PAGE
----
1. There’s a penis museum.
Some people come to Iceland for the landscape, some come for the… eh… for The Icelandic Phallological Museum, of course! Located in Reykjavík, the Icelandic Phallological Museum houses the world’s largest display of penises from over 90 different species — including a five-foot whale penis. There are also penises from seals, land mammals, and even the hidden people (huldufólk). Always striving for a bigger and better collection, the museum secured its first human donor in 2011, but the “detachment” was unsuccessful — the specimen shriveled and could not be displayed. But visitors didn’t judge (roughly 12,000 people visit the museum each year), and after all, it’s not about size, shape, or species — it’s about what you do with it!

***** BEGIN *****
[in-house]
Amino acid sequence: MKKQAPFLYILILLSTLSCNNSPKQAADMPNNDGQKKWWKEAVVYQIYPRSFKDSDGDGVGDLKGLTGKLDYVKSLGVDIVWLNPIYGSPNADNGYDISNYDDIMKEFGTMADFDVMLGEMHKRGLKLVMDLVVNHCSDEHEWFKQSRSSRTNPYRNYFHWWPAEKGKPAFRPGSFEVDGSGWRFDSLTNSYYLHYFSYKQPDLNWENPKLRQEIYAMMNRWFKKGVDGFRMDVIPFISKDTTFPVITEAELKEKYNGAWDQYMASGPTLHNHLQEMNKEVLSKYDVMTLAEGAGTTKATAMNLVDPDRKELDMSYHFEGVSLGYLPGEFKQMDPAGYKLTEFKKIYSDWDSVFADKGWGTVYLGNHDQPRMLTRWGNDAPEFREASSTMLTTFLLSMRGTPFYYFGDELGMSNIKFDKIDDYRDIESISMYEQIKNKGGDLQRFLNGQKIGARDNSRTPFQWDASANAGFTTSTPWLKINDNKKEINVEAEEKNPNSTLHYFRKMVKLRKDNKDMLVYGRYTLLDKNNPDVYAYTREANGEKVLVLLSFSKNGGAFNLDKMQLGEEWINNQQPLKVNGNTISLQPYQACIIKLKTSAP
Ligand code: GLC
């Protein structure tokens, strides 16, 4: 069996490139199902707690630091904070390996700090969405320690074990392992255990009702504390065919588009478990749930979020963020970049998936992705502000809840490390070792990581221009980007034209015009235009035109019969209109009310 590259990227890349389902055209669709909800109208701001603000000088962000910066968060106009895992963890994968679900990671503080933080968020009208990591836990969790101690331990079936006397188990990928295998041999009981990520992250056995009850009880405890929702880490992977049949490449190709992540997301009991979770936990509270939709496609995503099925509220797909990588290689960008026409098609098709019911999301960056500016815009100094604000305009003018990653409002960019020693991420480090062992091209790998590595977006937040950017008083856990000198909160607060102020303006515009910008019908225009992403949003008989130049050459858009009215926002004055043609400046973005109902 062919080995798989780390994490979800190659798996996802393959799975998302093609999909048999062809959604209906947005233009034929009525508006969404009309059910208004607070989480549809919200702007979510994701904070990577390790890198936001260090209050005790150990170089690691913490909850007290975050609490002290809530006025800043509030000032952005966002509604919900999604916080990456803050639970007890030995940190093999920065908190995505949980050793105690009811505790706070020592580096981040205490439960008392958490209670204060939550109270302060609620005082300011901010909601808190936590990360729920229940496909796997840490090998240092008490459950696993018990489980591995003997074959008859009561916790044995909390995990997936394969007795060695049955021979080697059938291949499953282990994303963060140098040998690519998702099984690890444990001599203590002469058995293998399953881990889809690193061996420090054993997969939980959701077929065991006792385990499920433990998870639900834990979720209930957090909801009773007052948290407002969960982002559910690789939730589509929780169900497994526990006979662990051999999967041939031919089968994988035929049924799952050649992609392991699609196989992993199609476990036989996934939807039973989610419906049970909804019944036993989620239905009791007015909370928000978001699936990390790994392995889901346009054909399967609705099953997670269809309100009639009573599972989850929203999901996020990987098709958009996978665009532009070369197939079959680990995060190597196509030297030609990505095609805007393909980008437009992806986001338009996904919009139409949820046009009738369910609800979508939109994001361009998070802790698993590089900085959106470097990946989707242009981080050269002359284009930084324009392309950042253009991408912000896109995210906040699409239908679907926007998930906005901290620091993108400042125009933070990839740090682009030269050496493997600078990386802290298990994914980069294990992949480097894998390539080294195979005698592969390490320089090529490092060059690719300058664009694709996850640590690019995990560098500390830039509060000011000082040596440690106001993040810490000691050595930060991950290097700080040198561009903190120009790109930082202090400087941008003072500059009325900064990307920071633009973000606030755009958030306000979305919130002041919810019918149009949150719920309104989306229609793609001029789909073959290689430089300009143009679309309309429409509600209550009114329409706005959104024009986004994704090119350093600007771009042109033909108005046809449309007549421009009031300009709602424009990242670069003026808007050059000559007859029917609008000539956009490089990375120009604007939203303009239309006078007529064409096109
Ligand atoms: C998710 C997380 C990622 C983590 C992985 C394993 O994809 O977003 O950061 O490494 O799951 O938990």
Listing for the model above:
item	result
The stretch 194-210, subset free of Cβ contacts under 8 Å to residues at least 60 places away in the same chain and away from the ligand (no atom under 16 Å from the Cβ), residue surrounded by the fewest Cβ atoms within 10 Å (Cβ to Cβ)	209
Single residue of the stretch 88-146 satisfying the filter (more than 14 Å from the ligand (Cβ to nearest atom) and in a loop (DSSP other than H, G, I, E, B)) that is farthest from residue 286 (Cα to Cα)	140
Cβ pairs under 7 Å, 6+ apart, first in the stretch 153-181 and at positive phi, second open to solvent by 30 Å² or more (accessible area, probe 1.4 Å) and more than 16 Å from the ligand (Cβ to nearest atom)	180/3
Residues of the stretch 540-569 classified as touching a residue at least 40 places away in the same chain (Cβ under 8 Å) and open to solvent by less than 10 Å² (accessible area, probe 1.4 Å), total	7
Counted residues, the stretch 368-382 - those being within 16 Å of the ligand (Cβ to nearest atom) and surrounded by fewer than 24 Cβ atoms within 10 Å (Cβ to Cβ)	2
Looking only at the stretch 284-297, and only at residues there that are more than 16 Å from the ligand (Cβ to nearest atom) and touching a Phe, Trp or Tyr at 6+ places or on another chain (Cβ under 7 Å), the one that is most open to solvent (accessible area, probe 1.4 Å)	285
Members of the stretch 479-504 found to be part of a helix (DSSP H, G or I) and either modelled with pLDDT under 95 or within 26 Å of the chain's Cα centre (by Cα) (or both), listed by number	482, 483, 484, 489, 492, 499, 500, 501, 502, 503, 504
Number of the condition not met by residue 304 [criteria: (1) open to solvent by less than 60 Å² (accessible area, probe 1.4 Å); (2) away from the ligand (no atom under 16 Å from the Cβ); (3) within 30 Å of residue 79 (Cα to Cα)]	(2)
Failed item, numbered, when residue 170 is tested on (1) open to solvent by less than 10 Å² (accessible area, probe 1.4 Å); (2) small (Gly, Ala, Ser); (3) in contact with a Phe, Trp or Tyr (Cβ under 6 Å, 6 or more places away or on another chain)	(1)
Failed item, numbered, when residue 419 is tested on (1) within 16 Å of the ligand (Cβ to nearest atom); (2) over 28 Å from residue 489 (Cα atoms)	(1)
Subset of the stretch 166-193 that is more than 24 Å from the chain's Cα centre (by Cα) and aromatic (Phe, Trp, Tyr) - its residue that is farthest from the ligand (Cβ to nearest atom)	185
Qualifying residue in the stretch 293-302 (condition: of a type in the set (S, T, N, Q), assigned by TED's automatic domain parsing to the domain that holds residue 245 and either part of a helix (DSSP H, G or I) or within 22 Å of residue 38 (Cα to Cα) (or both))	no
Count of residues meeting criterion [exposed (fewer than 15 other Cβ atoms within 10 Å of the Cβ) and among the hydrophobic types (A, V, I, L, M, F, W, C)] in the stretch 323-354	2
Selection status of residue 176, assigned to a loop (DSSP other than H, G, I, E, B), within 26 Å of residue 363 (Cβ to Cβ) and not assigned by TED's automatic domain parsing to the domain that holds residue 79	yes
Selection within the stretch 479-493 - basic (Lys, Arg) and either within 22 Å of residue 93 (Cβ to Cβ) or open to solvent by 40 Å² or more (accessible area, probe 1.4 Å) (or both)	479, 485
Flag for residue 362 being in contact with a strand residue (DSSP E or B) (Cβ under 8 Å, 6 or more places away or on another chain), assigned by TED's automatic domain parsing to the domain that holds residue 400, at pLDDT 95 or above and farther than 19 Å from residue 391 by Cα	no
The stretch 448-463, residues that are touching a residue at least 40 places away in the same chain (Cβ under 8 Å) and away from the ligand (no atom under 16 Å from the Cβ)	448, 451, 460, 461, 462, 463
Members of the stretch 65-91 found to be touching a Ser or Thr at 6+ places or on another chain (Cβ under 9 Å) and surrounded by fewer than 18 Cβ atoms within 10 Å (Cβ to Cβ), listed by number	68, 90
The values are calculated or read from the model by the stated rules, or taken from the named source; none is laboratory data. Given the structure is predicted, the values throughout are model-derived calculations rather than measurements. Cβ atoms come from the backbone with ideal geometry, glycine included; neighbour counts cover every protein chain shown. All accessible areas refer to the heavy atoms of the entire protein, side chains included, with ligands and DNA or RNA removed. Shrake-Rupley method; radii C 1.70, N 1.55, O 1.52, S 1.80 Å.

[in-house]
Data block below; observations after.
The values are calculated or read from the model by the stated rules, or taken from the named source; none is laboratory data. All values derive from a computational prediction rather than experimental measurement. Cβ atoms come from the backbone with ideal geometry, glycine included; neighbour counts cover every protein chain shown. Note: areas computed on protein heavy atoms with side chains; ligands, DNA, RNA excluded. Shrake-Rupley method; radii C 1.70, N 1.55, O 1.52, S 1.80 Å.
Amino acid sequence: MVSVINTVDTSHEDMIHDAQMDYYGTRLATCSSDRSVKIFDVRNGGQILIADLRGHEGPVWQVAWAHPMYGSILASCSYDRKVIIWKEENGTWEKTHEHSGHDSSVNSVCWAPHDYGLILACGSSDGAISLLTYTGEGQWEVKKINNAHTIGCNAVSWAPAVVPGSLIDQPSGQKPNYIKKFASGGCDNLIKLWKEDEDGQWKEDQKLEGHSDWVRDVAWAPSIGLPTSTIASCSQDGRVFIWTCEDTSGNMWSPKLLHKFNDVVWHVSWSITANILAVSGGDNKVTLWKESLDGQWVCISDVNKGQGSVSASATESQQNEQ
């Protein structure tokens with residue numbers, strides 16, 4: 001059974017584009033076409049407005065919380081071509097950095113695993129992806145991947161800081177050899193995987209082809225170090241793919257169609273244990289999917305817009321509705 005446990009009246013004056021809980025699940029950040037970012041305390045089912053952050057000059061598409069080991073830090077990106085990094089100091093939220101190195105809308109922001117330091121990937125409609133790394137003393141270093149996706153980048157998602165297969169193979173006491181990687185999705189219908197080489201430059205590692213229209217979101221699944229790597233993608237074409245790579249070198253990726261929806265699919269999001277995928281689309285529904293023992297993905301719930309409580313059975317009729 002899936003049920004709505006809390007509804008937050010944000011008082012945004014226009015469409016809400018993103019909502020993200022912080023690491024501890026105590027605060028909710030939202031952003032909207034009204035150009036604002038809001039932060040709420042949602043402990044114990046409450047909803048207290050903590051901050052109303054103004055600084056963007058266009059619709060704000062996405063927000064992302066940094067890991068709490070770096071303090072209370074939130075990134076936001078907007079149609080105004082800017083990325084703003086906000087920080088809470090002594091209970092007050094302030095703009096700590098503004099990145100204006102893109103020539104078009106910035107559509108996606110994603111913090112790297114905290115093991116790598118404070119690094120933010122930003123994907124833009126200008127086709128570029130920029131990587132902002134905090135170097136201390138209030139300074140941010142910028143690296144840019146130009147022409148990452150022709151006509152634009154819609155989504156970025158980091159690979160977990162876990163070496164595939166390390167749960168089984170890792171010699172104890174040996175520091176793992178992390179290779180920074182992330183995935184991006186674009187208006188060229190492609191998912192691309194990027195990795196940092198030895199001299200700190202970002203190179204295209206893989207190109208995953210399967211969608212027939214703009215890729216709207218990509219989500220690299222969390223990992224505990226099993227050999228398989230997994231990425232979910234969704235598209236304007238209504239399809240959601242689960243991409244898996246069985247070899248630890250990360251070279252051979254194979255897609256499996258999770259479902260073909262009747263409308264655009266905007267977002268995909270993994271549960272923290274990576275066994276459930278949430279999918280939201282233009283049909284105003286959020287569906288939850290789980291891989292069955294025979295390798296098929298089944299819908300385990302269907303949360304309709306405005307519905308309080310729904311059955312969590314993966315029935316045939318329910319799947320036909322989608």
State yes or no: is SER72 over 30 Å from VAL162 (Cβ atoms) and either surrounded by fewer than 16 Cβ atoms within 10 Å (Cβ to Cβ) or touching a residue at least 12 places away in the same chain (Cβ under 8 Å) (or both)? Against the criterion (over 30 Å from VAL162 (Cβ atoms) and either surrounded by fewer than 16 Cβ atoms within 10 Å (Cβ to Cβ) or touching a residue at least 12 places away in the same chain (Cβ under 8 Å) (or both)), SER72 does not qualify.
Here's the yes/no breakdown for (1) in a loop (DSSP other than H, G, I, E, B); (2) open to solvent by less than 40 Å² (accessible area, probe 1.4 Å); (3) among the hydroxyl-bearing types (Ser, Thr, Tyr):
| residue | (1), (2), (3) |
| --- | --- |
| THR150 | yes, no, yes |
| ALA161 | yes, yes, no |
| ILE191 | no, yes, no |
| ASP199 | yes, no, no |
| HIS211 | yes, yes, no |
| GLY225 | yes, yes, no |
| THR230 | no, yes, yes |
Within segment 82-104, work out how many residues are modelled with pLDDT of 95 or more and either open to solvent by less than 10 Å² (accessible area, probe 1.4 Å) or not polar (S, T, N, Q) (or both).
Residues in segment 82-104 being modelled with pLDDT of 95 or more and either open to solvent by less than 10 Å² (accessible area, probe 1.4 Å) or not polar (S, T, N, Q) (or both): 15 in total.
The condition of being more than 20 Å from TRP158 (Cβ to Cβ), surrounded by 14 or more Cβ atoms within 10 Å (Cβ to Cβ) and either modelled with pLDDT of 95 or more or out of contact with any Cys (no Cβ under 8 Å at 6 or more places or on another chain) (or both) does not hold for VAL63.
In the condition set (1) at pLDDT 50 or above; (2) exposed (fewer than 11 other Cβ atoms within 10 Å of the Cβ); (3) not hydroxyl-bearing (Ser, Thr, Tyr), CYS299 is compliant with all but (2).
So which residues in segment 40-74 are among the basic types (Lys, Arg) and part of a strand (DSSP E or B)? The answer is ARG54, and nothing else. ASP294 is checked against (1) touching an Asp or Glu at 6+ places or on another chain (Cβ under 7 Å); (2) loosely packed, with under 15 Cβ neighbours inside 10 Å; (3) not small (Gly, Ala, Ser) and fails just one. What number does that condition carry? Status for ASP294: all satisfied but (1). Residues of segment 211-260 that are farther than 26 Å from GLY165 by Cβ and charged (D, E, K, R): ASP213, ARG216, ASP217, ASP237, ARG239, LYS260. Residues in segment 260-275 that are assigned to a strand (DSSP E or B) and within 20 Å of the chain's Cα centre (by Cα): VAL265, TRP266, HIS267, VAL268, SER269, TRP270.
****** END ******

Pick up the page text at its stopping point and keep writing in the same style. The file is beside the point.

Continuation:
2. Everyone’s named Magnús (almost).
Icelanders are firm believers that language is a basic element of national identity (Icelandic is one of the few languages that remains unchanged since its beginning), but they take this to an extreme in an attempt to preserve their cultural heritage. Icelanders can’t use family names, for example, or adopt their spouse’s last name upon marriage, and parents are required to choose from a list of 1,712 male names and 1,853 female names when their child is born. In a country with as small a population as Iceland, you can imagine what this means if you shout “Magnús!” (a popular male name) in a crowded mall (hint: everyone turns to look at you).
3. Beer was banned from the country until 1989.